By a Newsnet reporter
Johann Lamont has been challenged to say what spending cuts she would impose on Scotland’s budget in order to meet the extra spending commitments that Labour have called for.
During the debate on this week's budget statement, the Labour party called for hundreds of millions of pounds of additional spending on a range of projects, but at no point revealed what they wanted to cut to balance the budget as the current devolved framework demands.
Spending calls included money to pay off the debts of local authorities and housing associations; additional funding for colleges; an extra £350 million for rail and more money for housing association grants.
The total outstanding local authority debt alone stood at £11.5 billion as of March 2011, meaning that almost a third of the entire devolved budget would be required to pay off this debt as Labour proposes.
The challenge comes after Labour frontbencher James Kelly MSP was unable to say, when pressed on BBC Scotland’s Brian's Big Debate on Friday, whether Labour would have offered any more than the 1% public sector pay rise announced in the SNP Government’s budget.
Commenting, John Mason who is the deputy convener of the Scottish Parliament’s Finance Committee said:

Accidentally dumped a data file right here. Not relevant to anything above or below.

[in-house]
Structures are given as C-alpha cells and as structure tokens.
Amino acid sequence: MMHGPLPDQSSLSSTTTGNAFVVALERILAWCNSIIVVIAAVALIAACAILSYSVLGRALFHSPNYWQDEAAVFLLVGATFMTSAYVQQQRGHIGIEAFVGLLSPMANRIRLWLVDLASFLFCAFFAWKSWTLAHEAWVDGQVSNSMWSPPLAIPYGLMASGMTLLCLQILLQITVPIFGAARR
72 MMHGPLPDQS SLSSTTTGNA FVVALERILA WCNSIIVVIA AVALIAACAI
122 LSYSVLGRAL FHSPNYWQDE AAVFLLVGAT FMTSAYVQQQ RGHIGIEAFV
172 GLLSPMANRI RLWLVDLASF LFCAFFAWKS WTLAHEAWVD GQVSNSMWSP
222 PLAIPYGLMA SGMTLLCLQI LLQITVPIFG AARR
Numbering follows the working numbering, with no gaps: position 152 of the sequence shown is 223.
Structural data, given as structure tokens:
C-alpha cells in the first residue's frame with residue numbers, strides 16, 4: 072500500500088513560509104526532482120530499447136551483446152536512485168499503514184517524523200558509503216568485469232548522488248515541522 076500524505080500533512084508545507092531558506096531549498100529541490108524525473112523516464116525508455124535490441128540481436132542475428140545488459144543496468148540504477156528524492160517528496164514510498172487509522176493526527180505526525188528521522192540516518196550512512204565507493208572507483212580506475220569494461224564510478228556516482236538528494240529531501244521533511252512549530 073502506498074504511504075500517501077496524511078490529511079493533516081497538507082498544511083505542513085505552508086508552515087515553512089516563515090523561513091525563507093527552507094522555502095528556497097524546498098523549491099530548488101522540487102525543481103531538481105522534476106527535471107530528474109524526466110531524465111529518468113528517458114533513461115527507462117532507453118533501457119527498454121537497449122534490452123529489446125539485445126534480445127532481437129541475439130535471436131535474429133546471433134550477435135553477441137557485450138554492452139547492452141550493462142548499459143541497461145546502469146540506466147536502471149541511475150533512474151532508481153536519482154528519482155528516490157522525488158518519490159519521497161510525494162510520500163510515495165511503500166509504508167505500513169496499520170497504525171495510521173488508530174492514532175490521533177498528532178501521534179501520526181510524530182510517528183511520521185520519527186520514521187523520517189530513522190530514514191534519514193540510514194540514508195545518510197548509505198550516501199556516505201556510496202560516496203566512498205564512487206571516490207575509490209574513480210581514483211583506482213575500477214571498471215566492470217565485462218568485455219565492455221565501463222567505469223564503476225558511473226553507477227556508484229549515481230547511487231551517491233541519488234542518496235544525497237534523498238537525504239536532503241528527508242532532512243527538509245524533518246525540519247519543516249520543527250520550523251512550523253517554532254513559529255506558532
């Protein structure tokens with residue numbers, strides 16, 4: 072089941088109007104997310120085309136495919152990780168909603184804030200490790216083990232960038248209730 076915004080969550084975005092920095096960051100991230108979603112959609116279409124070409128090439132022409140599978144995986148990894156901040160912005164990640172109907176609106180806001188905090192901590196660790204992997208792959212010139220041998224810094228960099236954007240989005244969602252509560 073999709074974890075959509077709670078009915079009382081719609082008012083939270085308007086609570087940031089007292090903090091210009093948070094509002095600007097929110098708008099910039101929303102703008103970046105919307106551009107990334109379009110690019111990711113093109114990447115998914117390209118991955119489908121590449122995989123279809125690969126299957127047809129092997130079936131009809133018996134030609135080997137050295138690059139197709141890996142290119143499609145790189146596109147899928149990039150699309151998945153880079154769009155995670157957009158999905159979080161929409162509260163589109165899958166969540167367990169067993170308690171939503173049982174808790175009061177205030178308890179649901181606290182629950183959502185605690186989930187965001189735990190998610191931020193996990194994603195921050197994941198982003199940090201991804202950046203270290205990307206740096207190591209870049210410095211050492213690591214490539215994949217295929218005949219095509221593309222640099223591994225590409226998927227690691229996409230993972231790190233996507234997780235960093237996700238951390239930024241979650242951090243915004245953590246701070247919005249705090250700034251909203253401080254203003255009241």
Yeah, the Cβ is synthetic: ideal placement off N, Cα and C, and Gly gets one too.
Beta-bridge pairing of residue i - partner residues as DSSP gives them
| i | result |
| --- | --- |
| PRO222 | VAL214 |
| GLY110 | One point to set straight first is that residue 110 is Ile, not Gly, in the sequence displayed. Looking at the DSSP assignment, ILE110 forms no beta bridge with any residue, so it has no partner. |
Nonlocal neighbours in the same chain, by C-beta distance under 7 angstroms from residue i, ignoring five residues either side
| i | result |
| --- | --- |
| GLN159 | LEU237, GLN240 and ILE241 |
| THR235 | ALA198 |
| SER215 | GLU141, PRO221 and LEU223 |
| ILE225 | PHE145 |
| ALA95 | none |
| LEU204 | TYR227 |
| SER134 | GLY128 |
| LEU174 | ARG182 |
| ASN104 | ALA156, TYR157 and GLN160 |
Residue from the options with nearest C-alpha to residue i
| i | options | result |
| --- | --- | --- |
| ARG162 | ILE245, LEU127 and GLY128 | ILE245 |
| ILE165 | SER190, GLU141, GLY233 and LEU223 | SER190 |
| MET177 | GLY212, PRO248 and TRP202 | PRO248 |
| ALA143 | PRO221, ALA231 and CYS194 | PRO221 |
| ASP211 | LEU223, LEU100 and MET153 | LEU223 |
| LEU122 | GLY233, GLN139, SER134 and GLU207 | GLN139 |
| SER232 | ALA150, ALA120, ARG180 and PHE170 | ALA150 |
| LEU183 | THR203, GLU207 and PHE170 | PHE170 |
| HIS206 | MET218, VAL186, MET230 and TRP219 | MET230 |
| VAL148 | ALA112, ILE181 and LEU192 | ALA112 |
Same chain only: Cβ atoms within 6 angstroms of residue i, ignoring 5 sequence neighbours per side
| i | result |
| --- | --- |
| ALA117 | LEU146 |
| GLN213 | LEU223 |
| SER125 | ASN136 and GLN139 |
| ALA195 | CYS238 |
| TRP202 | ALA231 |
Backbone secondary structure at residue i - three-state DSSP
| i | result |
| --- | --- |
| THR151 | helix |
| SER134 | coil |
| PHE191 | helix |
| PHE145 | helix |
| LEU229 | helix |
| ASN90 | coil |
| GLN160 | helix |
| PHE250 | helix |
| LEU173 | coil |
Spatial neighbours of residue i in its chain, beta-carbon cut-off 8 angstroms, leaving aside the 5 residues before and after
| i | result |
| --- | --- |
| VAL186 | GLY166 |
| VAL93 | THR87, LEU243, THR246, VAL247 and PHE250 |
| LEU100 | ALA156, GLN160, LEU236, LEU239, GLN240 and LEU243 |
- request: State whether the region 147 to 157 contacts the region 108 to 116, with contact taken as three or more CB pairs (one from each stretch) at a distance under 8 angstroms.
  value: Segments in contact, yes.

"Labour cannot have it both ways. If they want to spend more money on certain projects then they need to admit what it is they want to cut to pay for it.
"The limits of Scotland's current financial powers make that a cold, hard fact and Labour cannot have any credibility on the budget unless they come clean on where they want to wield the axe.
"The fact is Labours leadership have no ideas and no vision for the future of Scotland other than wanting the Tories to keep making the decisions on Scotland’s finances.
"An independent Scotland, with those key economic powers the responsibility of Holyrood, will be able to create a wealthier and fairer society, but the Labour leadership is determined to keep those powers in the hands of a Tory Chancellor at Westminster.
"And the more Johann Lamont and her colleagues stick to this disastrous path, the more people will be persuaded to vote Yes to an independent Scotland."